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World's Top Banks Use AI to Combat Money Laundering; Searchspace, a Leader in Artificial Intelligence, to Supply Software to Top Banks to Fight Money Crime.

Business Editors/High-Tech Writers

LONDON & NEW YORK--(BUSINESS WIRE)--Sept. 15, 2003

The last two years has seen almost half of the world's top 20 banks adopt artificial intelligent software as a means for combating money laundering. Estimated as being over a 2 trillion dollar a year issue (based on IMF estimate that the size of money laundering globally is somewhere between two and five percent of the world's gross domestic product. GDP taken from www.wallstreetview.com), money laundering is now seen as the forefront of the fight against terrorism, with the banks in the front line. Stiff new legislation such as the USA PATRIOT Act has galvanized the introduction of this new age technology.

Traditionally the complexity of the money laundering problem was considered too hard for systems to solve. How do you detect a suspicious transaction, or sequence of transactions, in the millions of transactions that are conducted routinely? Banks had used rules systems - "Report all cash transactions over $10,000" - but this "is like stopping the smuggling of contraband by imposing a 30mph speed limit" says Jason Kingdon CEO of Searchspace, a software company at the forefront of these developments. "The approach was independent of the issue." Instead the new approach uses adaptive software to learn individual characteristics of a customer and then be able to spot and explain if it finds something suspicious. "What is normal for one person may be abnormal for another the system must be able to deal with this and explain it" says Kingdon. "the Sentinel is like an electronic employee - in that it understands context and can deal with scale operating over tens of millions of transaction per day" says Mark Greene, Global GM of Banking at IBM, a global IT company, one of the organizations delivering this technology.

TowerGroup - a Massachusetts based IT analyst owned by Reuters, say that Searchspace is now the dominant approach to this issue with over 40% of all top banks using the technology, including 9 of the worlds top 20 banks (see end for sample). Celent Communications, a Boston based technology consultancy, concur with recent research showing large institutions favor the Searchspace approach. Celent estimate that by 2006, financial institutions in the US, will spend in excess of US$0.8 Billion on Anti Money Laundering products.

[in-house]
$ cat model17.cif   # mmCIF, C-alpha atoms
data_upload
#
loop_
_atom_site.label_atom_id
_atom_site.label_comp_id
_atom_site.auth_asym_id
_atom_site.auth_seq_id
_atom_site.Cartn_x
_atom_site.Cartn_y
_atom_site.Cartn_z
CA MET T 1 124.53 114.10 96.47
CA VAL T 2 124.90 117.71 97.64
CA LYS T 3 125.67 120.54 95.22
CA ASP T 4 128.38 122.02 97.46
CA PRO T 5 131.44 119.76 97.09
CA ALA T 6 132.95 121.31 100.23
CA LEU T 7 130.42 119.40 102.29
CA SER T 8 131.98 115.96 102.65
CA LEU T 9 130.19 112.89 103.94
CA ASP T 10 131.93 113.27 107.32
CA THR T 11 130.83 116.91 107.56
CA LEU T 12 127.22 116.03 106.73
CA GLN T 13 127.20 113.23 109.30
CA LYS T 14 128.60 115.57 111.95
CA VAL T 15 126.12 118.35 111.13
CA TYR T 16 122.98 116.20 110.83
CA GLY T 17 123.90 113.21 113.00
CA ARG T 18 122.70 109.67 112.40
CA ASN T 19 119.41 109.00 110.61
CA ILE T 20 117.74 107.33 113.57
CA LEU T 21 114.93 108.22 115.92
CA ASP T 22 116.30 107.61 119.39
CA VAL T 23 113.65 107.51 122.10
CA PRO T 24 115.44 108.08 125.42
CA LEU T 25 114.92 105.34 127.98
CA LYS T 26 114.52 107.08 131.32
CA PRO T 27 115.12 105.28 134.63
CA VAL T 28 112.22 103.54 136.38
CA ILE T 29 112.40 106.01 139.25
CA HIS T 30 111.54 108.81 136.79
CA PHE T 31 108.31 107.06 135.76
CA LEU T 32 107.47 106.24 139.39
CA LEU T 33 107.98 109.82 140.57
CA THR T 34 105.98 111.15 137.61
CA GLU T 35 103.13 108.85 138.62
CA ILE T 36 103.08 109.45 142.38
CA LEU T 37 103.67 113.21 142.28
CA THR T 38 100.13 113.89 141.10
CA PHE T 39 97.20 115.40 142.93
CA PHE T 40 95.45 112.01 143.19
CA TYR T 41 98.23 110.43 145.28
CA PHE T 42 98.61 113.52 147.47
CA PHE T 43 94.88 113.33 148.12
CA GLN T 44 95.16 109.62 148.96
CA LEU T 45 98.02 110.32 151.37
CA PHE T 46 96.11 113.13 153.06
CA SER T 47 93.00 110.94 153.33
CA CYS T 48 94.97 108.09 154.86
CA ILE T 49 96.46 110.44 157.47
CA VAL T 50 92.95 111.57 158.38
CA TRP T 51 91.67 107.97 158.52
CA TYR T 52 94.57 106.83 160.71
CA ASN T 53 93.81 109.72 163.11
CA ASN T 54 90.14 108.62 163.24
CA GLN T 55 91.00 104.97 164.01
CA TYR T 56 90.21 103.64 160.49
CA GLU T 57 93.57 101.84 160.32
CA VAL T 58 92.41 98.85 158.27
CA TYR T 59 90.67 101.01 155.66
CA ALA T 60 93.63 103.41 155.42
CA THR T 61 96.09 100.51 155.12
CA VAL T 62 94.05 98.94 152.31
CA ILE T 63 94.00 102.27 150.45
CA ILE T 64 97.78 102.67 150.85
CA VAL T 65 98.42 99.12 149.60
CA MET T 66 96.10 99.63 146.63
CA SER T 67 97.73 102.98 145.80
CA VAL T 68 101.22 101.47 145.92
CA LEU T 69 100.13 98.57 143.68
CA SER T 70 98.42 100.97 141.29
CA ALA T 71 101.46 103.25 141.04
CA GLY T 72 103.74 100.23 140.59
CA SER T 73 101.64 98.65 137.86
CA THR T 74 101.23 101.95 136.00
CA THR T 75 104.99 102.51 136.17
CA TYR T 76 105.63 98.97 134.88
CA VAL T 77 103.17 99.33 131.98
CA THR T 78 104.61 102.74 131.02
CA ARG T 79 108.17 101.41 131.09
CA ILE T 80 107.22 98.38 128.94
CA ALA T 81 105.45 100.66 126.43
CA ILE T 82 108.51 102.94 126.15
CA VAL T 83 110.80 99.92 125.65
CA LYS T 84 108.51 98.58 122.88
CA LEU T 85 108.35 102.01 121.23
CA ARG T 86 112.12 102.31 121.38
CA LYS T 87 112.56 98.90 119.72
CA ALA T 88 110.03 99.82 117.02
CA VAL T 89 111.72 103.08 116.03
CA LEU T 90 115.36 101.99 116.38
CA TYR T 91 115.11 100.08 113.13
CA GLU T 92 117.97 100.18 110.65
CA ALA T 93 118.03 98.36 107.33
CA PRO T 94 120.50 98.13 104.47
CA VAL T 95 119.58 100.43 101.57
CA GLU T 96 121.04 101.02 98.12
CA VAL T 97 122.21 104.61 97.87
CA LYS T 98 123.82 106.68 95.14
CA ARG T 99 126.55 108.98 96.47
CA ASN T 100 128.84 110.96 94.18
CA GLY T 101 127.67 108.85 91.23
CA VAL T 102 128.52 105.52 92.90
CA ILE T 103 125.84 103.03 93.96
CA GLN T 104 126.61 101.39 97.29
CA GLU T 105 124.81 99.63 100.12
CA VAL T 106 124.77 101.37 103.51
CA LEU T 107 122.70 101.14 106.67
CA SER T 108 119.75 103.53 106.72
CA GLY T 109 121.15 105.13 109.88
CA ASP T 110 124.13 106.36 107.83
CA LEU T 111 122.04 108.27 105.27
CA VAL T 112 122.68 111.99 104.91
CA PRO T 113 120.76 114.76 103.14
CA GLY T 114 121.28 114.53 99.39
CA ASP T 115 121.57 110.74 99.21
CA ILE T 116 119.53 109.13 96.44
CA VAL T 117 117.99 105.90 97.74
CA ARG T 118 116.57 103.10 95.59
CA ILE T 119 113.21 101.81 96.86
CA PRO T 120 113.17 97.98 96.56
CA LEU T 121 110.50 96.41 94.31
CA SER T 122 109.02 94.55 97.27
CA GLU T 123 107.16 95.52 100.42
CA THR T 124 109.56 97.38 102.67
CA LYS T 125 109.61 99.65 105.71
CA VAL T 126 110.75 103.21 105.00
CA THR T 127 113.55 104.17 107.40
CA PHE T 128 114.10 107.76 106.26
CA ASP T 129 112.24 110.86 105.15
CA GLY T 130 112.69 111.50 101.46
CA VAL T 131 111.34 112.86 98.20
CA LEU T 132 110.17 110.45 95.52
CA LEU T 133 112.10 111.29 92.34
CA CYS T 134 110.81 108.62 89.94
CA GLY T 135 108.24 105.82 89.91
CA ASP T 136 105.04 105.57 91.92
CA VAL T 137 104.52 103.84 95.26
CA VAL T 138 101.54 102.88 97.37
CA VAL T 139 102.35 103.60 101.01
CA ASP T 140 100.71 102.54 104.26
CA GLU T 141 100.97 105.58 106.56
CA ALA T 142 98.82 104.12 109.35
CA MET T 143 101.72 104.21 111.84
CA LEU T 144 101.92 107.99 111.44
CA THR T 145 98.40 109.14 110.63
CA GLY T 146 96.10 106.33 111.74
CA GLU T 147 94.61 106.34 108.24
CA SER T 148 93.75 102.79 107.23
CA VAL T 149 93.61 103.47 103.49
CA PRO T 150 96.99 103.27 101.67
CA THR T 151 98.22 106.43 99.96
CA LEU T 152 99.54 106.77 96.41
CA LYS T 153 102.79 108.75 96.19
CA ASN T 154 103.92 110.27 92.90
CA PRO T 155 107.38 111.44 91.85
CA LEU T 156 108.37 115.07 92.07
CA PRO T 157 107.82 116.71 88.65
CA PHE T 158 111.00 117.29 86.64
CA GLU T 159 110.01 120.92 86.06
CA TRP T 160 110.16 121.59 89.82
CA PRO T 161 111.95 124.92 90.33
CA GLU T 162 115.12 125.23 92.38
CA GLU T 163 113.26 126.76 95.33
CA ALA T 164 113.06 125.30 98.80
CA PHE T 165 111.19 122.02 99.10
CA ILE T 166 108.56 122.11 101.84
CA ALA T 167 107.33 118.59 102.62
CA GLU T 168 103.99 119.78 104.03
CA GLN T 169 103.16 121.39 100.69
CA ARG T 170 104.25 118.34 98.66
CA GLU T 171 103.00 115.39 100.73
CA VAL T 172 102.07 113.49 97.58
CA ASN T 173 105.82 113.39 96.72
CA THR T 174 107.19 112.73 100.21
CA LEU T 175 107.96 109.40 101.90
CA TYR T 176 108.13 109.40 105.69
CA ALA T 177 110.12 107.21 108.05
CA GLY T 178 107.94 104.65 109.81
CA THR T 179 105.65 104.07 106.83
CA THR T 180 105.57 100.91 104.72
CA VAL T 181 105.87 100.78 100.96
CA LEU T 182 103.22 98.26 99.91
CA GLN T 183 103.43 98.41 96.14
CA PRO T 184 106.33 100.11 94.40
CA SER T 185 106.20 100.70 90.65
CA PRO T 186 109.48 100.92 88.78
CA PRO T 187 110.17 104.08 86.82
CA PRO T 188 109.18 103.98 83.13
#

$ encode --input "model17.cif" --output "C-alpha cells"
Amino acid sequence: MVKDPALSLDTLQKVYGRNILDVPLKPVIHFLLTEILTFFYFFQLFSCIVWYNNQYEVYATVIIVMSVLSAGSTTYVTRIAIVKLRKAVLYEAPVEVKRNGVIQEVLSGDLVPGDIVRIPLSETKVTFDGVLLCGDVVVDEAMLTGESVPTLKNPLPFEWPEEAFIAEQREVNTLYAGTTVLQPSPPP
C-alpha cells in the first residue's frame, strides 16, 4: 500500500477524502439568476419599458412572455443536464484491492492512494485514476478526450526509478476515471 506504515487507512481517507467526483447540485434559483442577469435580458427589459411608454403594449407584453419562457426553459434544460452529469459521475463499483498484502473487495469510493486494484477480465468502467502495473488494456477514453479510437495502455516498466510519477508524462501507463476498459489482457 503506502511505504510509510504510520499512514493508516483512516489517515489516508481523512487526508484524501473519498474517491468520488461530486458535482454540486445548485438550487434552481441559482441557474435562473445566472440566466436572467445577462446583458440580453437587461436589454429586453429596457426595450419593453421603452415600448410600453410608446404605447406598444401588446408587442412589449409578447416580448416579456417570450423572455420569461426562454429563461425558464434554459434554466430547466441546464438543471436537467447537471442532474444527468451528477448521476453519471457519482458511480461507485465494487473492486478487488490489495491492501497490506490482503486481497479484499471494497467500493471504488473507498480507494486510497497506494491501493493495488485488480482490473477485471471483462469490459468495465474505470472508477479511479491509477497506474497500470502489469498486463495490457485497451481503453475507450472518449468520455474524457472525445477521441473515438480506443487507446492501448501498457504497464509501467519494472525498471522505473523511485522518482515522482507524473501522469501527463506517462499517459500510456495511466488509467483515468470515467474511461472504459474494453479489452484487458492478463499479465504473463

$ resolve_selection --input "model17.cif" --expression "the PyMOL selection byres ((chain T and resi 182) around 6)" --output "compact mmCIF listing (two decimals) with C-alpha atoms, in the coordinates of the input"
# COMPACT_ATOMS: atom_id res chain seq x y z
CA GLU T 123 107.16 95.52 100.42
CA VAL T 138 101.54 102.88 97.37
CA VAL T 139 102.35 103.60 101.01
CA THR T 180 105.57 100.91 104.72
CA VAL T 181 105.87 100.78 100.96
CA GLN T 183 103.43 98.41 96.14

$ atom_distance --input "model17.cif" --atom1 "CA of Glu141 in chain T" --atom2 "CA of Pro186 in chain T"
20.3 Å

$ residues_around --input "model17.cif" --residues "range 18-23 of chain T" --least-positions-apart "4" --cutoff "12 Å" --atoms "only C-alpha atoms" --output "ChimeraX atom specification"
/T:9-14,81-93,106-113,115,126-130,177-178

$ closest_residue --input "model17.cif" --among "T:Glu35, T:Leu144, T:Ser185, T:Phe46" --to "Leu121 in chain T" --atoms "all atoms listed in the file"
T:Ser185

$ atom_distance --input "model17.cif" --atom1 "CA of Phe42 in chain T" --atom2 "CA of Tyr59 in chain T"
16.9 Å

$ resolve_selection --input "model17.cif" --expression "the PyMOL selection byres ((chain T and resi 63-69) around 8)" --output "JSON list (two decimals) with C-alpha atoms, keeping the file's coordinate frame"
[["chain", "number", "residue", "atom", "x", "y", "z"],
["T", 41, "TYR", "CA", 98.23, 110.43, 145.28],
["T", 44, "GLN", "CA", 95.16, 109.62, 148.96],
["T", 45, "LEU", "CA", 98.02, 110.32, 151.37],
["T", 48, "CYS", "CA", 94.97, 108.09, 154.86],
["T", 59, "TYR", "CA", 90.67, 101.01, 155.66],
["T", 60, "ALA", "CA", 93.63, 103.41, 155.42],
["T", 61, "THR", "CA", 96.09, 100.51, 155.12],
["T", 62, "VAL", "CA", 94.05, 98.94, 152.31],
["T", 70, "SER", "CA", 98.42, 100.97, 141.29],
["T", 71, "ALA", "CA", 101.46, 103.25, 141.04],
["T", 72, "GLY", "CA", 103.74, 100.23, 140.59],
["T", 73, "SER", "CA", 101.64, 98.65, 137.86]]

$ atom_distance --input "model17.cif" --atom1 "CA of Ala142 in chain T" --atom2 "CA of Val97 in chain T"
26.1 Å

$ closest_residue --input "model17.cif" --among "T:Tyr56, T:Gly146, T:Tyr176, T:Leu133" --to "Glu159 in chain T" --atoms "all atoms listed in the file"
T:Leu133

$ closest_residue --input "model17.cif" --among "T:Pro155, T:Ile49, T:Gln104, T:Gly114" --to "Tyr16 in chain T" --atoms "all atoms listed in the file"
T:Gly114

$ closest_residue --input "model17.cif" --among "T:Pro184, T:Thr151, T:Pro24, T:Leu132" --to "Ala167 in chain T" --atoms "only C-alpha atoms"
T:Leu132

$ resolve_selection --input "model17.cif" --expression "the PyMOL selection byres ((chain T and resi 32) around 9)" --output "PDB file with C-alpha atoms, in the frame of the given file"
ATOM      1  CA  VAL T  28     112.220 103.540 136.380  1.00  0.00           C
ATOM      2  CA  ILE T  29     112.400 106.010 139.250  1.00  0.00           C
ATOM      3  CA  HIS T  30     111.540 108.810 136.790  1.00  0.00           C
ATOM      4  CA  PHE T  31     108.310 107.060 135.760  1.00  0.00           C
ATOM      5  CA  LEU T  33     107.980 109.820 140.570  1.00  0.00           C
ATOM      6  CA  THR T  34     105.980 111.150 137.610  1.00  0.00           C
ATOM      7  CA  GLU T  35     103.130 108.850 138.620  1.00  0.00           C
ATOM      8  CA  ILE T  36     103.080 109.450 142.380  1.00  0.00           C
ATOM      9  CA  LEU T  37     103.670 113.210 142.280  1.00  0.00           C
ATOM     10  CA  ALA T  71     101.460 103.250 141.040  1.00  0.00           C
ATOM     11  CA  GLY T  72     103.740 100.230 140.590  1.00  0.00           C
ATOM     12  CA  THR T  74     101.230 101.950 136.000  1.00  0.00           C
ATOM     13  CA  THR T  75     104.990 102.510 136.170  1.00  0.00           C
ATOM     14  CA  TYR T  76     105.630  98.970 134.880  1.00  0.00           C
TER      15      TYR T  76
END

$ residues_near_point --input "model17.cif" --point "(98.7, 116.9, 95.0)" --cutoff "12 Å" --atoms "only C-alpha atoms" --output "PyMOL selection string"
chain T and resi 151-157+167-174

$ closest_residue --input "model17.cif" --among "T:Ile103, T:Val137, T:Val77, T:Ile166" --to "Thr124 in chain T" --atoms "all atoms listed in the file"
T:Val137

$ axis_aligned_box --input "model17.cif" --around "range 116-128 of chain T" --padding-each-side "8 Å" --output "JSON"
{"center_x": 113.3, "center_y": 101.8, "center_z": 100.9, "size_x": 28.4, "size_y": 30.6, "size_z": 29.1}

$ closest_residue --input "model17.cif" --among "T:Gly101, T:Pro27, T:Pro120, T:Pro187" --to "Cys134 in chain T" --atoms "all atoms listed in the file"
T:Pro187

The methods used are a combination of high dimension statistics and adaptive technology developed by the company. "The ability to explain actions and integrate with a business process is vital," says Dr Tony Wicks chief research scientist at Searchspace. The system automatically builds mathematical models of people's transaction behavior and as such has a way of framing a context to actions - "are they usual? Or unusual? And if unusual should we be worried about them? Using this type of sophisticated analytics at this scale is very new - typically these system manipulate terabytes of data to discern the patterns" says Dr Wicks. This is something that will characterize the use of the technology in the future, smart systems capable of making insightful judgments and actions in real time. "We really see money laundering as only the beginning - customer service is an obvious area that would benefit from more context," adds Kingdon.

With the banks gaining this level of sophistication the question is whether the regulators and reporting agencies have the resources to handle and act on this new intelligence.

About Searchspace

Searchspace is a leading provider of intelligent software - they first came to prominence with an AI system for monitoring all stocks at the London Stock Exchange for detecting trading abuses (The Economist Unit 1996), further used at the large US exchanges and Lloyds of London for insurance spirals. They developed AI systems for mobile phone fraud used by Ericsson, the large phone system company, and are seen at the forefront of smart technology for business monitoring. Formed in 1993 by researchers from the Intelligent System Lab at University College London, Searchspace is now one of the fastest growing software companies in the world (ranked in the 2002 Deloitte and Touche European 500 which is based on substantial revenue growth) with offices in the US, UK, Germany and France. They recently won PWC's, a global accounting company, Hottest Technology of the Year Award and are seen as pioneers in this new space. Searchspace system's currently monitor hundreds of millions of transaction per day with clients that include Bank of Scotland, Bank One, Barclays, Helaba, Lloyd's of London, Lloyds TSB, London Stock Exchange, The Bank of New York, The Royal Bank of Scotland, UBS, UBS Financial Services (UBS PaineWebber) and Wells Fargo. For more information visit www.searchspace.com.
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Publication:Business Wire
Date:Sep 15, 2003
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